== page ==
How you doing? Really doing, I mean. You alright? Hanging in there? I hope so because it's easy to get dragged down. Our world and social media feeds are just chock-full of bad mojo. Everywhere you look it's doom, gloom and pandemonium. No news, it seems, is good news.
Right now we're under attack from a super virus that's immune to everything except soap and water. We're freaking out. Losing it. Because we can't trust each other to simply wash our damn hands. It's crazy.
We've all got endless bills and, if you're lucky, a crippling mortgage. Our phones are full of those offending, those offended and the perfectly presented lives of those we choose to follow.
Little wonder we're all bummed out. Even if you're not, you most likely are. A 10-month inquiry in 2018 did a deep-dive into New Zealand's mental health and learned that an overwhelming 50 to 80 per cent of New Zealanders will experience "mental distress" during their lives while one in five Kiwis experience "mental illness or significant mental distress".
Bleeding heck. That's a lot of us suffering from garden variety issues like anxiety and depression.
So, how you doing? Really doing, I mean. Probably not as good as you were before you started reading this... sorry about that.
But maybe all you need is some reassurance. Perhaps a little encouragement will give you the boost you need to get through the rest of your day. Maybe, all you need is for someone to say, "hey, you know what? You're doing great!". And that person, friends, is not me. I got my own problems going on. Instead, that person is Tom Papa.
Who, you ask? I'd never heard of him either. But the other night I chanced upon the comedian's new Netflix special and decided to take a gamble because a) I like to live dangerously and b) I liked the positivity of its title.
It's called You're Doing Great! and essentially it's Papa making you feel good about being so crap. Please don't take this personally because as Papa cheerfully explains everyone is feeling crappy or tired or stressed or achy or like they're not doing well enough. This, he assures us, is normal, while repeatedly insisting, "you're doing great!" with an incredibly sincere grin.
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Even if Papa wasn't so funny, which he is, his message would still put a smile on your face. The juxtaposition of being relentlessly positive about our perceived failings is just like those sour gummy lollies that hide their sweetness beneath a sour sting.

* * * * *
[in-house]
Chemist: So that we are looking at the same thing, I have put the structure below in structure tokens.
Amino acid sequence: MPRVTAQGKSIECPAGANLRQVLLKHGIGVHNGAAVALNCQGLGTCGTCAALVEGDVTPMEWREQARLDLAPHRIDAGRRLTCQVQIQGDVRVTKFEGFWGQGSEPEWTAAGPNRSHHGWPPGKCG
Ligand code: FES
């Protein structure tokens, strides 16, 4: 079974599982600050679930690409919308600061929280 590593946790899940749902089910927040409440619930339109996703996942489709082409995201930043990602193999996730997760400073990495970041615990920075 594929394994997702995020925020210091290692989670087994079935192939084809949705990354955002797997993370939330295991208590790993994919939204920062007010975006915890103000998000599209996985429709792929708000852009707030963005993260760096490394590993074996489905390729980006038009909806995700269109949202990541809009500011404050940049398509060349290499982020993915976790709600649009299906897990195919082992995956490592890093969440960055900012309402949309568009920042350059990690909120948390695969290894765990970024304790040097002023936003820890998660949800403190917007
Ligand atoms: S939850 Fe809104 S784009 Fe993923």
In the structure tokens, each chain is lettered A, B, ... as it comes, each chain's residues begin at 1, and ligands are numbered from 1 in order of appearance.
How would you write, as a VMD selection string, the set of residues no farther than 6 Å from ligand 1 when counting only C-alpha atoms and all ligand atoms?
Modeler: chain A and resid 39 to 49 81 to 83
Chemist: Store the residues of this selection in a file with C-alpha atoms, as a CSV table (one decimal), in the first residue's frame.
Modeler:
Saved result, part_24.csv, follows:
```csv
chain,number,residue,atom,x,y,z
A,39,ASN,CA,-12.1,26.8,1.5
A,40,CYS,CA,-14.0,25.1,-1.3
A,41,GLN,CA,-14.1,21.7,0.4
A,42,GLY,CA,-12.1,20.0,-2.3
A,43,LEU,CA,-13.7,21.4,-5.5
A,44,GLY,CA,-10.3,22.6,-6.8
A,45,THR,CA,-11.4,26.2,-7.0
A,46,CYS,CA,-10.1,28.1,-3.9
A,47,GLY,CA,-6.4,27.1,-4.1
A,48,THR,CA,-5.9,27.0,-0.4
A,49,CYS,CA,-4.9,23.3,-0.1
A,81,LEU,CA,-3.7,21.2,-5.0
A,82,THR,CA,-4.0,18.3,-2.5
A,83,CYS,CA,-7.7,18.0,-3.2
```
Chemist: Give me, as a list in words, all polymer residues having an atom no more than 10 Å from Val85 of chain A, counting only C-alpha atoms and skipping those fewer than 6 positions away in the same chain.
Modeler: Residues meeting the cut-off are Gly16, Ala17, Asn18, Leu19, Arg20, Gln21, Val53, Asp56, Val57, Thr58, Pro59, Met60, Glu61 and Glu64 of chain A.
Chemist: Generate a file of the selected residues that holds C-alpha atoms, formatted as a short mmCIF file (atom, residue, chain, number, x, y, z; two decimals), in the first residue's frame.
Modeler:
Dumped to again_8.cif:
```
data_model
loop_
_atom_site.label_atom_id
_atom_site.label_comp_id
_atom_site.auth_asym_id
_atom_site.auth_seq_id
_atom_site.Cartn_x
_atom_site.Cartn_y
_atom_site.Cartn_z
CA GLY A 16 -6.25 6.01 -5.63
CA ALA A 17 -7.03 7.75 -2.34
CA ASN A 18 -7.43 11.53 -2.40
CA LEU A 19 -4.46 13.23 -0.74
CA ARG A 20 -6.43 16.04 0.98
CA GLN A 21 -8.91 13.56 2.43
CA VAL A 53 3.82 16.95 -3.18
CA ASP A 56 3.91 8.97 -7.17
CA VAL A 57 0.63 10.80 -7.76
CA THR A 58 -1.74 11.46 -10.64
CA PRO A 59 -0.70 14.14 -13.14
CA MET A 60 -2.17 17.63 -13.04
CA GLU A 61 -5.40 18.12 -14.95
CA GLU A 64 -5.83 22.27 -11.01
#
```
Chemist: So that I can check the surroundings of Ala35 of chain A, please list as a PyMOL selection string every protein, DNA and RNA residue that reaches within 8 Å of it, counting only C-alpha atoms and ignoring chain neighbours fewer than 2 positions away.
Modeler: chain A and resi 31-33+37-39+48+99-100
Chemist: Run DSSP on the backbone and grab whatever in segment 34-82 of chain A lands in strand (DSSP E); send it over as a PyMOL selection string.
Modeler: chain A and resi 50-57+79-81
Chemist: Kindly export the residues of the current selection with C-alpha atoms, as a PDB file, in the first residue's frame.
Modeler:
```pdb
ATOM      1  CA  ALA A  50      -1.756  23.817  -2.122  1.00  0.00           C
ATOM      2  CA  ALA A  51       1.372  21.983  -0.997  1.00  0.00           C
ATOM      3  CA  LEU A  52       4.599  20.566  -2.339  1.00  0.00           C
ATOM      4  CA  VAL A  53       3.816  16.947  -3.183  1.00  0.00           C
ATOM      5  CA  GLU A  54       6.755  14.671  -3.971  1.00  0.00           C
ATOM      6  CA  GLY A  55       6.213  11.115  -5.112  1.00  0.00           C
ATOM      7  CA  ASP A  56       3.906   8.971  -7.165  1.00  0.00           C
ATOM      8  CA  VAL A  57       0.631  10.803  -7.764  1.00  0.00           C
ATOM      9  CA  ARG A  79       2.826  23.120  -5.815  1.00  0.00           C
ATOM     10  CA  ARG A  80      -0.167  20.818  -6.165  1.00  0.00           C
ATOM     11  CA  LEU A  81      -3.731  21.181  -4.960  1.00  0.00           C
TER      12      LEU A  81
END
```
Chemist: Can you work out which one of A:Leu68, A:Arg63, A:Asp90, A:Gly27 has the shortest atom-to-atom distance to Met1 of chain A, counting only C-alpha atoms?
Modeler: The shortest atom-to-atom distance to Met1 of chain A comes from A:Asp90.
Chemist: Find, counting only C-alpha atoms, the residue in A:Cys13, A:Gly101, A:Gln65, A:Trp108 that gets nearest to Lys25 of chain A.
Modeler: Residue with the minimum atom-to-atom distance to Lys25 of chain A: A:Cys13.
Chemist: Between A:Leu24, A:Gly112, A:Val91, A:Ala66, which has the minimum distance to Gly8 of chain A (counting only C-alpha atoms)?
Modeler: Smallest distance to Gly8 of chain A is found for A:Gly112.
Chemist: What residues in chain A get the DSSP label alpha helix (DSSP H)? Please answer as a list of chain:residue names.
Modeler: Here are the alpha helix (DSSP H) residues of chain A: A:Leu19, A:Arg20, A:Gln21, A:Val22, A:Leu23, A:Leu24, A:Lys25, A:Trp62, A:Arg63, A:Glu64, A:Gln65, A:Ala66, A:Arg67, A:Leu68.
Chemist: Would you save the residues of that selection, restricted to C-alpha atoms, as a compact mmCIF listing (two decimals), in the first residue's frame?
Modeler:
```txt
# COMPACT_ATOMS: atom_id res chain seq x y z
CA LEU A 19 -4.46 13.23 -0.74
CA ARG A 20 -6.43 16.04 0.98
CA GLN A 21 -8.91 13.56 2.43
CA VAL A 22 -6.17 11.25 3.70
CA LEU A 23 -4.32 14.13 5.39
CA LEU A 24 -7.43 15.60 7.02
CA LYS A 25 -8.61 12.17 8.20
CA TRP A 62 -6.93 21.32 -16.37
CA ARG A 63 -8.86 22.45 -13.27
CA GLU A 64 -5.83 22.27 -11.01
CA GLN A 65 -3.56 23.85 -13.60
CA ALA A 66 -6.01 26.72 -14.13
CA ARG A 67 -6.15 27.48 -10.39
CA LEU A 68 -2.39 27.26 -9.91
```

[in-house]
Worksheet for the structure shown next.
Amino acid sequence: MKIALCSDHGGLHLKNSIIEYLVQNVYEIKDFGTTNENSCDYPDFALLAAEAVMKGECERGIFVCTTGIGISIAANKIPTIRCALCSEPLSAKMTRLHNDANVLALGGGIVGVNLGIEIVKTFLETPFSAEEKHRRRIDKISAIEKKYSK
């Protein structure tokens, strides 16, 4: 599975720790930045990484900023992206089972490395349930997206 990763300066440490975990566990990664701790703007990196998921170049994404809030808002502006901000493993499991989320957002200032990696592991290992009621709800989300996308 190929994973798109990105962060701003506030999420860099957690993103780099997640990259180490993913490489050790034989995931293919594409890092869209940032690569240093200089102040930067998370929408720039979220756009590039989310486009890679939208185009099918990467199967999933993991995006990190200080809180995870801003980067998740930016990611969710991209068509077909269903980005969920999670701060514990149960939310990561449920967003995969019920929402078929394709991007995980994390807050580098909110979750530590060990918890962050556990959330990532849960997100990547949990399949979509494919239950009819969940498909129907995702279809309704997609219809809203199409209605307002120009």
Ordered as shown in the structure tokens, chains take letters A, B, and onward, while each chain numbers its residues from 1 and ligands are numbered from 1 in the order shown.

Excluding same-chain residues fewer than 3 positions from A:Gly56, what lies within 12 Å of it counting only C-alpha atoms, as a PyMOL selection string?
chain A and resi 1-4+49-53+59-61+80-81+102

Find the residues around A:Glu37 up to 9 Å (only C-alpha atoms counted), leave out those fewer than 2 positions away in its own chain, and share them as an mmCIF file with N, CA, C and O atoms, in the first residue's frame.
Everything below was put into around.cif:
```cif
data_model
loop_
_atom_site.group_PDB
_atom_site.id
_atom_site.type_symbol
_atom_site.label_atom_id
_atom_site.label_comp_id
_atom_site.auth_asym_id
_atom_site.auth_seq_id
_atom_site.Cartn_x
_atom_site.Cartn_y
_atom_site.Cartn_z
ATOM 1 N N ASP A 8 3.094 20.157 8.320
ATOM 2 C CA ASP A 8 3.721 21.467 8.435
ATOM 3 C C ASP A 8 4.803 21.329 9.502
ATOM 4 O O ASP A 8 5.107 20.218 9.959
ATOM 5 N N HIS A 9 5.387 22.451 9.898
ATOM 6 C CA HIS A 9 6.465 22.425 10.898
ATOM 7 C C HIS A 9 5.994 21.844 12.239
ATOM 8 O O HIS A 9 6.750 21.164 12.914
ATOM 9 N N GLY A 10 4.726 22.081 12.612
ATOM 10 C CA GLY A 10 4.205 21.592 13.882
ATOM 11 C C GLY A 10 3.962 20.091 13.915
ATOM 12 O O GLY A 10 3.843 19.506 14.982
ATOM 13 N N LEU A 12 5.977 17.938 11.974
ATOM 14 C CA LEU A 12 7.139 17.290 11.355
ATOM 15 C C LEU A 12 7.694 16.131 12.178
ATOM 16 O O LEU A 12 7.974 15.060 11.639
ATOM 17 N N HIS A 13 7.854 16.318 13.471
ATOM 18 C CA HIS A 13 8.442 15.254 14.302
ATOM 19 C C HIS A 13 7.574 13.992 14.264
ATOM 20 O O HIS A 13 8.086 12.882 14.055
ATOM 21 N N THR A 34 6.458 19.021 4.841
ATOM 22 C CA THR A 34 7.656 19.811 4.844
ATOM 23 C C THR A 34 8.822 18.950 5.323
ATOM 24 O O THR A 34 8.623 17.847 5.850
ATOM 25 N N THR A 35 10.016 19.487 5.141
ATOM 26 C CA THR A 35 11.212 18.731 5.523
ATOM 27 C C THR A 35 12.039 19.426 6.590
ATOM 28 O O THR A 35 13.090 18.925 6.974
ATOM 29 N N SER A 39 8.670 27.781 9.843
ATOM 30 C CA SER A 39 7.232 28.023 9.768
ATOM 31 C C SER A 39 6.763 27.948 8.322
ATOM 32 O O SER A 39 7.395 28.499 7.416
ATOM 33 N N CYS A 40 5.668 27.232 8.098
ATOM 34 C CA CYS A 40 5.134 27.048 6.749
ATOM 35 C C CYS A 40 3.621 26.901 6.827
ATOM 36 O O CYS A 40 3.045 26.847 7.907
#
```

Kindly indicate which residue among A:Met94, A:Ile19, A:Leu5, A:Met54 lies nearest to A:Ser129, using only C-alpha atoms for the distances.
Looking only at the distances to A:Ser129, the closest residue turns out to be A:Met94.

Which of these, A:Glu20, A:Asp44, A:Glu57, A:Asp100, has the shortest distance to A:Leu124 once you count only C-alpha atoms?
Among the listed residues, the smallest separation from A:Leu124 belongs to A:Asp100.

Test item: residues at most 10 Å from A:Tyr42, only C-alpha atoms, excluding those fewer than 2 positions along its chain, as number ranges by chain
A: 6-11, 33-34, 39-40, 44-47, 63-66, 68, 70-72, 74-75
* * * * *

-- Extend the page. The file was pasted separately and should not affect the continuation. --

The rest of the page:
"I know it's hard. I feel the pressure too," he admits early on. "Everyone's in your face telling you to do more, lose more weight, be better. They show you the ads from the gym, the Before and After guy. I like the Before guy. Yeah, he looks a little chubby but he also looks like he has a box of donuts and a lot of friends. That After guy's got a weird look in his eye. Looks like he takes his shirt off when he shouldn't."
He makes a valid point. But it's normal, Papa asserts, to not be living your best life, "because that's not normal".
"You know what's normal?" he asks. "How you feel right now. In your funny, little gassy bodies. A little achy, a little tired, light headed, worried about your bills, worried about that thing you found on your ass. That's normal and it's exhausting. And that's normal too! Being tired, which I know you are all the time, is normal."
Have your cake and eat it too, he advises, and stop worrying that you don't have the body of an Olympic athlete because, guess what, "you're not an Olympic athlete".
"This is not because you're weak but because you're a human being," he says. "And you get sad sometimes. And to stop yourself from slitting your own throat you eat a cookie once a while. You're doing fine."
He dives into how social media plays with our heads, relaying how people are getting clinically depressed because they're looking at other peoples lives on social media.
"They start to think their life pales in comparison. Calm down. First of all no one has a great life. No one. They're posting their best moments, with a filter, to make you feel shitty."
Sure, we all know this stuff but it's still somehow reassuring to hear someone say it out loud. You're not alone in wanting to have a nap in the afternoon, or feeling guilty about eating a donut, or feeling bad for not going to the gym. What you are, and I mean this in the best possible way, is normal.
And maybe that's all we need to be told. Keep on keeping on, friends. Because you know what? You're doing great!